by his presentation of the problem. It failed to trigger a general
sense of crisis as a result of segregation. BON fared very differently, as the
problem of educational reform is already widely recognized. Moreover, as
the analysis shows, BON’s spokespersons are important actors in this connection.
Ad and Marijke Verbrugge have put forward polarizing arguments,
in which they distance themselves from the New Learning concept. These
views have clearly been taken on board by supporters and opponents in the
debate triggered by these authors. The study has also shown that certain
interactional problems are not necessarily inevitable, but that such problems
can be triggered by crisis entrepreneurs themselves. Its content is
inextricably linked to people’s goals in making specific comments.
Chapter 8 summarizes the main observations in this thesis. It shows
that the problems created by raising the issue of a latent crisis are not
purely substantive in nature (‘is this crisis genuine?’), there is also an interactional
aspect (for example, ‘how do I get people to accept the urgency
and validity of the problem?’). My study provides a greater understanding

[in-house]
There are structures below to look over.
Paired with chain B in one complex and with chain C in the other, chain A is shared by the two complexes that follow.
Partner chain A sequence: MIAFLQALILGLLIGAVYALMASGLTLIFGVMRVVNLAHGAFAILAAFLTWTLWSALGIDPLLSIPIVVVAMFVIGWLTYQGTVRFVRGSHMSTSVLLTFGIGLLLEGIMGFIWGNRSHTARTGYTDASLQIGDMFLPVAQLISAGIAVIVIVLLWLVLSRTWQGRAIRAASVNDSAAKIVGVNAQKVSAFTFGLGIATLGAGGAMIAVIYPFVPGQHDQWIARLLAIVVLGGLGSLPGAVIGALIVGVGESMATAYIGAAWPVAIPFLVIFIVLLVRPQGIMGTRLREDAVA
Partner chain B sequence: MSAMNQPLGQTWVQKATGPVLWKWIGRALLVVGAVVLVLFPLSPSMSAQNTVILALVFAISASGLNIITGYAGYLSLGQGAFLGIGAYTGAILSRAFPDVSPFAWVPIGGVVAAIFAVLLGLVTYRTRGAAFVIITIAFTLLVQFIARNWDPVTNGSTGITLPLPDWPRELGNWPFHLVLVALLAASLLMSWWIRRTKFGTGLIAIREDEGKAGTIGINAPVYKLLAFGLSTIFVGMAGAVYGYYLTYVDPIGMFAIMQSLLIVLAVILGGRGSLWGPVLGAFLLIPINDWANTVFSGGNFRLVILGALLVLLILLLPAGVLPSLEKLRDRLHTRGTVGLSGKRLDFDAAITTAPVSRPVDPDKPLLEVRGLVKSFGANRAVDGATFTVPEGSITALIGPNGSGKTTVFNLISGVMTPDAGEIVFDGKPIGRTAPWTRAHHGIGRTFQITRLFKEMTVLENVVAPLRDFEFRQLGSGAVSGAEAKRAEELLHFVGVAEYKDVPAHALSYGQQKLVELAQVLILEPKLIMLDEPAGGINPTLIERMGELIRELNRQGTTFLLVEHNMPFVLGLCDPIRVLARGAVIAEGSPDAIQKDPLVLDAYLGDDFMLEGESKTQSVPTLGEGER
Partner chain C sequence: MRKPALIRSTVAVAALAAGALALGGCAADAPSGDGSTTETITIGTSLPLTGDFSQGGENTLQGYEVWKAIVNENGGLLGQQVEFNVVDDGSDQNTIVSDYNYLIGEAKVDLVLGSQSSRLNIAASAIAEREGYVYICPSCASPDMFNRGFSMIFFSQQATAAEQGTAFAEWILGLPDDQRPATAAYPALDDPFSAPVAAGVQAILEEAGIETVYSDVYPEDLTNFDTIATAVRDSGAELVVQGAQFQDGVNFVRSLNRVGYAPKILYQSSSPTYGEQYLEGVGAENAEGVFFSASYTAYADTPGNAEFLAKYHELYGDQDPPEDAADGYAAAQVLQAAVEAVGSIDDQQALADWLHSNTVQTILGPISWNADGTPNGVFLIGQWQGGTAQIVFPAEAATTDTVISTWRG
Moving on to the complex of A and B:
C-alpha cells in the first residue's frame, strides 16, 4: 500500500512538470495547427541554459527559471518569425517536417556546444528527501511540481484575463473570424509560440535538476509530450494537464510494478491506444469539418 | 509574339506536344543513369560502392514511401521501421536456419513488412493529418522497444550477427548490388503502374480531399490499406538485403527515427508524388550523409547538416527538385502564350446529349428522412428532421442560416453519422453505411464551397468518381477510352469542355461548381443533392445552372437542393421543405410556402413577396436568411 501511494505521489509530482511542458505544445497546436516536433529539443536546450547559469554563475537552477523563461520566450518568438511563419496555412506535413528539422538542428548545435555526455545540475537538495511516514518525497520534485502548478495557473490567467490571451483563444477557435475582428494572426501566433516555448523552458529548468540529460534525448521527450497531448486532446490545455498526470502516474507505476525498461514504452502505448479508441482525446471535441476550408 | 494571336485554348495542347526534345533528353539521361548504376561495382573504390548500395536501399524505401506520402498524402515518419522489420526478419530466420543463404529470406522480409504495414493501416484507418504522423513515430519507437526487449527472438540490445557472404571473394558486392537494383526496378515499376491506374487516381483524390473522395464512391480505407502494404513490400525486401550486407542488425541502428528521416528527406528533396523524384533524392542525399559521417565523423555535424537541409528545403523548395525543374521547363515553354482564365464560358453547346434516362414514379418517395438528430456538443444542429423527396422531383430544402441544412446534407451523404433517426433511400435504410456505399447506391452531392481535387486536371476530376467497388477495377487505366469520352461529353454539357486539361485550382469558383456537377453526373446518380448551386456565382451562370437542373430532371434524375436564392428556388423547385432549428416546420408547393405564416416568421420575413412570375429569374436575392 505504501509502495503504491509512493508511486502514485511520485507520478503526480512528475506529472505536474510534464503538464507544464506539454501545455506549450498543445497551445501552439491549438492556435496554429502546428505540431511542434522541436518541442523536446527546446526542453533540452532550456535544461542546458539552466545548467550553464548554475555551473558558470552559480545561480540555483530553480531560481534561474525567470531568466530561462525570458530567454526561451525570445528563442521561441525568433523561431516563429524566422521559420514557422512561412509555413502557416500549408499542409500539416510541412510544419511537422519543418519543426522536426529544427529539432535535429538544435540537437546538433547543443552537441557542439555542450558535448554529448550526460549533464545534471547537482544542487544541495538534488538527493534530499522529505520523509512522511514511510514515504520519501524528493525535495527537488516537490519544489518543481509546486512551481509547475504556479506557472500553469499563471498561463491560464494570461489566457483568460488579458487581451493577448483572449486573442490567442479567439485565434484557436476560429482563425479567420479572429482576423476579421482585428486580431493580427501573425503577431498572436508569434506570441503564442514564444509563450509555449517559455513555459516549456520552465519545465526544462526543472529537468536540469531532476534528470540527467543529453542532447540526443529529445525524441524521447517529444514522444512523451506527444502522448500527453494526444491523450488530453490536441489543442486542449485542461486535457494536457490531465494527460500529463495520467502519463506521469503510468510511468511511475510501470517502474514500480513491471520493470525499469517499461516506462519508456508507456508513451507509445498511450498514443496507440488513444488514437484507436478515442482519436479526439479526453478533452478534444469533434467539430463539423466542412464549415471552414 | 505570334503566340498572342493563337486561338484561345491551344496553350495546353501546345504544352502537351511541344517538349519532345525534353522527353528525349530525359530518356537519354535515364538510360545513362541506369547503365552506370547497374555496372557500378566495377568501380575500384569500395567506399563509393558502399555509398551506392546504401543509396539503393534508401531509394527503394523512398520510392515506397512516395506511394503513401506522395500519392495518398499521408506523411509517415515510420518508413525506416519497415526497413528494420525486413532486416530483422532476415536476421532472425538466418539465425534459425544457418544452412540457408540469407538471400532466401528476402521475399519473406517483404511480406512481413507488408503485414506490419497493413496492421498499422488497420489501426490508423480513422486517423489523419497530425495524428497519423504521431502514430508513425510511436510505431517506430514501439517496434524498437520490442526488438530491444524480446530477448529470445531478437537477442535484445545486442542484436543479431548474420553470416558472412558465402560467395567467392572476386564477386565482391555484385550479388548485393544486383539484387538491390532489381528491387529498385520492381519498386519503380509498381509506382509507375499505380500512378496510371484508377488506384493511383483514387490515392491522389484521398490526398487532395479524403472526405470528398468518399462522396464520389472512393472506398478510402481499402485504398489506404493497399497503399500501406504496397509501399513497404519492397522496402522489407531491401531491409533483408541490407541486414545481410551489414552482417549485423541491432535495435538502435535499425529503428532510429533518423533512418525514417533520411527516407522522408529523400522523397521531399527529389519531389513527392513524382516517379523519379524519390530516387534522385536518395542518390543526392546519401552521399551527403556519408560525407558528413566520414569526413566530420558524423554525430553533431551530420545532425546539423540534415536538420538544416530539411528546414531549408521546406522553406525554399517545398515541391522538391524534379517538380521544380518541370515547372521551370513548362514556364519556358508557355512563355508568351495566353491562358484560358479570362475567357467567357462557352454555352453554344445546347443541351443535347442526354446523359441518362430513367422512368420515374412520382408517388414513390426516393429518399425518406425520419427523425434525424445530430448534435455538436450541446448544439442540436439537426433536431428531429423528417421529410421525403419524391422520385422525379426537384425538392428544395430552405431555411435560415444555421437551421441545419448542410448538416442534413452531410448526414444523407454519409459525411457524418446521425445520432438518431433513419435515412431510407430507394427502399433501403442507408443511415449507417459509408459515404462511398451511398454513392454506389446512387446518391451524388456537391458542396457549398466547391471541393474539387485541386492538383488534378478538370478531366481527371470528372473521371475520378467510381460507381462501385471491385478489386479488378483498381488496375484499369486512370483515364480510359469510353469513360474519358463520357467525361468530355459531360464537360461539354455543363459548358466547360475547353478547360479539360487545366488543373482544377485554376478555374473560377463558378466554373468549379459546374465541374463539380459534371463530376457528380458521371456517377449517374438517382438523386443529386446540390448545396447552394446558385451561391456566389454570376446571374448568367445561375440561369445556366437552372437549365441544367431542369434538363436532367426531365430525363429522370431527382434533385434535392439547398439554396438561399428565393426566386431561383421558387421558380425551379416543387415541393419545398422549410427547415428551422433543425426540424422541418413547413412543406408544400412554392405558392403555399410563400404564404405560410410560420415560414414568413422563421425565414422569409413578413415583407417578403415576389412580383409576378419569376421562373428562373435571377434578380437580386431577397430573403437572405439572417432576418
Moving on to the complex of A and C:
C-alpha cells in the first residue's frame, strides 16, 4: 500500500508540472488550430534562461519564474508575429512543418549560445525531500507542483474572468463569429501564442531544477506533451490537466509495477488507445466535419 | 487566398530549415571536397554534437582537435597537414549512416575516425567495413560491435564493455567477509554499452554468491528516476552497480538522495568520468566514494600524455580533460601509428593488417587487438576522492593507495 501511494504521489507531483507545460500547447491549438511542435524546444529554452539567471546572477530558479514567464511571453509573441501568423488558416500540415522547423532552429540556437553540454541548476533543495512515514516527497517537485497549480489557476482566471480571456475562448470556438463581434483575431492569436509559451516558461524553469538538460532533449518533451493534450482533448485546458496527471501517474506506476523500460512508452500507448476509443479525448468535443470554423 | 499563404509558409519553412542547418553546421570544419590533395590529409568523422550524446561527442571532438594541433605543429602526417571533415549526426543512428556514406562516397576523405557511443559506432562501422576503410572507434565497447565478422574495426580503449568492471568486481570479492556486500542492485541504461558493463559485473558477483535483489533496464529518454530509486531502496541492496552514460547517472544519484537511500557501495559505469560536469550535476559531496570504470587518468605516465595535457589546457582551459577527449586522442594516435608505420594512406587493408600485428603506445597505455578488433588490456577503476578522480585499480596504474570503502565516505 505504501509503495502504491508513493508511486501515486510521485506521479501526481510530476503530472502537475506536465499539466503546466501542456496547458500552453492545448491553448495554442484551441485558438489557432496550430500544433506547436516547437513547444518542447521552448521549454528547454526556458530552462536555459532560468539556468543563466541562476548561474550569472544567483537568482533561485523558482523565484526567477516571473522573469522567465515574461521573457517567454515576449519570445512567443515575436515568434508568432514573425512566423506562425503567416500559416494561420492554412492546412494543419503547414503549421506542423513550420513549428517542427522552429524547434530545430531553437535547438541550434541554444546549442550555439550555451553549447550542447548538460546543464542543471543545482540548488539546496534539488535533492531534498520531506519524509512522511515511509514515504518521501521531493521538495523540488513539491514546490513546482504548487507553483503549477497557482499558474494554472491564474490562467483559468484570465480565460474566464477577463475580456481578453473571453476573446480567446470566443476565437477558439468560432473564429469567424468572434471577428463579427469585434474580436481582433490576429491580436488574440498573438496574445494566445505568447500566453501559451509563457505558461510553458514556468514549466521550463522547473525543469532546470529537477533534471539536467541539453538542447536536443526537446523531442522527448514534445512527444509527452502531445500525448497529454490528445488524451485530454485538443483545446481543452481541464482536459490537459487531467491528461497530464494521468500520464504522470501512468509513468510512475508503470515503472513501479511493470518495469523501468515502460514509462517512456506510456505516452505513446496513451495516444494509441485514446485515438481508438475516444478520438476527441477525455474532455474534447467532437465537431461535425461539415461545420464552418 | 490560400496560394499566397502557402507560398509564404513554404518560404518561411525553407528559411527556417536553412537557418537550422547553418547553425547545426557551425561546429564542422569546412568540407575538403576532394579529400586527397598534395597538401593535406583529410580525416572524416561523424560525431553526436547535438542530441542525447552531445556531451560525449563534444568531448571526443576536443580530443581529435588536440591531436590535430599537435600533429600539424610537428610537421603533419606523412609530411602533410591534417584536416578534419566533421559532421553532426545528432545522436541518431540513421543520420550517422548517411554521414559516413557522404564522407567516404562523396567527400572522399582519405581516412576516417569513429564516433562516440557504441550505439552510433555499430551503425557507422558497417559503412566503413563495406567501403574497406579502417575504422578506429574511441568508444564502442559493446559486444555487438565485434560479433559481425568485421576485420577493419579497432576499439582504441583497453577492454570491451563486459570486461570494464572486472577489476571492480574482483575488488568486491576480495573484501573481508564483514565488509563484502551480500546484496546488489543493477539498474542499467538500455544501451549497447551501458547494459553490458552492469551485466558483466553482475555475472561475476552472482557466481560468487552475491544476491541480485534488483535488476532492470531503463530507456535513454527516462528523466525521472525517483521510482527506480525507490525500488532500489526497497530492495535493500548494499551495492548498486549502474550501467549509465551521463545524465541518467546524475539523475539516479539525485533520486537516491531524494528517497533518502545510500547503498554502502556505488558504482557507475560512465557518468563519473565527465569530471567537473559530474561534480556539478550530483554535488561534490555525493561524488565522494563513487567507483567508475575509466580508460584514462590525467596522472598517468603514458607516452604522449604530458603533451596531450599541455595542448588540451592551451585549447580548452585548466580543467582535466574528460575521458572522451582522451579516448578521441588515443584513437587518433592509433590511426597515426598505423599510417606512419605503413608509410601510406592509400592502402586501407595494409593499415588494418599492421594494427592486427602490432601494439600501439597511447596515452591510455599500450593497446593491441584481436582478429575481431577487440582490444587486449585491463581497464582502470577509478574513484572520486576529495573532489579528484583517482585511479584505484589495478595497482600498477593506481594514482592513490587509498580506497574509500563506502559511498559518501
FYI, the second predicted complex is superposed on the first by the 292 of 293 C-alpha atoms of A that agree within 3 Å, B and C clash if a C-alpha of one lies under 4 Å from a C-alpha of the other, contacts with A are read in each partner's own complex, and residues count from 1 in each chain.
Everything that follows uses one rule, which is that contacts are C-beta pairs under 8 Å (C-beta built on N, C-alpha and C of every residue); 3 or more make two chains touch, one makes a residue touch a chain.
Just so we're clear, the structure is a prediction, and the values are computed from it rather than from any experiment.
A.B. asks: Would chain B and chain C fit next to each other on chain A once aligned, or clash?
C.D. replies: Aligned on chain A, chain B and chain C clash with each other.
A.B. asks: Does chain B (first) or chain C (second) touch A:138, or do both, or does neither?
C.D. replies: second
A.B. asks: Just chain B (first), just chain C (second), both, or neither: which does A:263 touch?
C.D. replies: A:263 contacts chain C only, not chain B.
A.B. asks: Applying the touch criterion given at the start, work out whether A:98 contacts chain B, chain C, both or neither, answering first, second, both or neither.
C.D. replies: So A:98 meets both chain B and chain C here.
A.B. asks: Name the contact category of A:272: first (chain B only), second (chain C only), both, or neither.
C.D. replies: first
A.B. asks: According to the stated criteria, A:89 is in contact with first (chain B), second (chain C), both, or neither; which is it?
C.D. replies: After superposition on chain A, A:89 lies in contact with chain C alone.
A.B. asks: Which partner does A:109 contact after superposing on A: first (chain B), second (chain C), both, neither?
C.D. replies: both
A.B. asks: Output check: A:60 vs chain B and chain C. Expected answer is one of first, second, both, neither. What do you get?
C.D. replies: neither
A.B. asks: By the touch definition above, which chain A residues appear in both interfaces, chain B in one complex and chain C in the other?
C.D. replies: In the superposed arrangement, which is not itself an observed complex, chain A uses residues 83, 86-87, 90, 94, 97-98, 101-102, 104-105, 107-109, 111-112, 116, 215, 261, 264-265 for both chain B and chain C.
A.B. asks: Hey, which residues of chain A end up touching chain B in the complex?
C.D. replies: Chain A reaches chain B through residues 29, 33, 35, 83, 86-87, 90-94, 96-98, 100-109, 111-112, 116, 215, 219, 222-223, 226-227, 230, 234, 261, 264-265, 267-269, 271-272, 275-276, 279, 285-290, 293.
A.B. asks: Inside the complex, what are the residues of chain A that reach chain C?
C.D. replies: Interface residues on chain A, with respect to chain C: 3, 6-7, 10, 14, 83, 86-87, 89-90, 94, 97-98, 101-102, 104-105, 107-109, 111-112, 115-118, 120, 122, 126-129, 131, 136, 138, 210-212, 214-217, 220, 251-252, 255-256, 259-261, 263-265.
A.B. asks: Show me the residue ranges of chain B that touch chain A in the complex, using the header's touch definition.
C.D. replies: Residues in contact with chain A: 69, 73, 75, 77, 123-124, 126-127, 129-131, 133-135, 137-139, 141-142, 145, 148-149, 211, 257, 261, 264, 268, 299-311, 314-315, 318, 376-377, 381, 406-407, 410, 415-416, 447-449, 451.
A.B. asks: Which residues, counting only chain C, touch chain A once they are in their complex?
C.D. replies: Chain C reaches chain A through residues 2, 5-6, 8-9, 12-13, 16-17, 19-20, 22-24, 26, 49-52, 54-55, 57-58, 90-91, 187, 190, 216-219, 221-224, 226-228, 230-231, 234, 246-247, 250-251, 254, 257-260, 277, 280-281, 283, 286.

of the course that crises can take. It also shows that crisis entrepreneurs
can be seen as dynamic elements within society. They express dissenting
views, and launch new initiatives through various forms of traditional and
electronic media. This process can be very instructive. Communications
professionals can better understand how crises develop among those in
their environment if they are aware of the types of interactional problems,
and the types of responses, that can result from raising the issue of a crisis.
Moreover, this might also help communications professionals to achieve
better outcomes in their dealings with crisis entrepreneurs.
A discursive approach is valuable in this respect because it shows how
certain themes in communication can deal with policy development. This
approach can lead to a better hold on these themes in practice and can
provide another perspective to widespread failure of interaction between
government and citizens. The government is often unable to understand
what the citizen means, because their interactional problems are not recognized.
Knowledge of their doubts on an issue, can help the organization
to acquire a better understanding of objections – from inside and
out – against a particular policy. A discourse analysis of the interactional
contributions of crisis entrepreneurs may give a rich and structured insight
into latent crisis supply, including the strategies, interactional problems
and reactions of the actors involved and how they are able to recognize a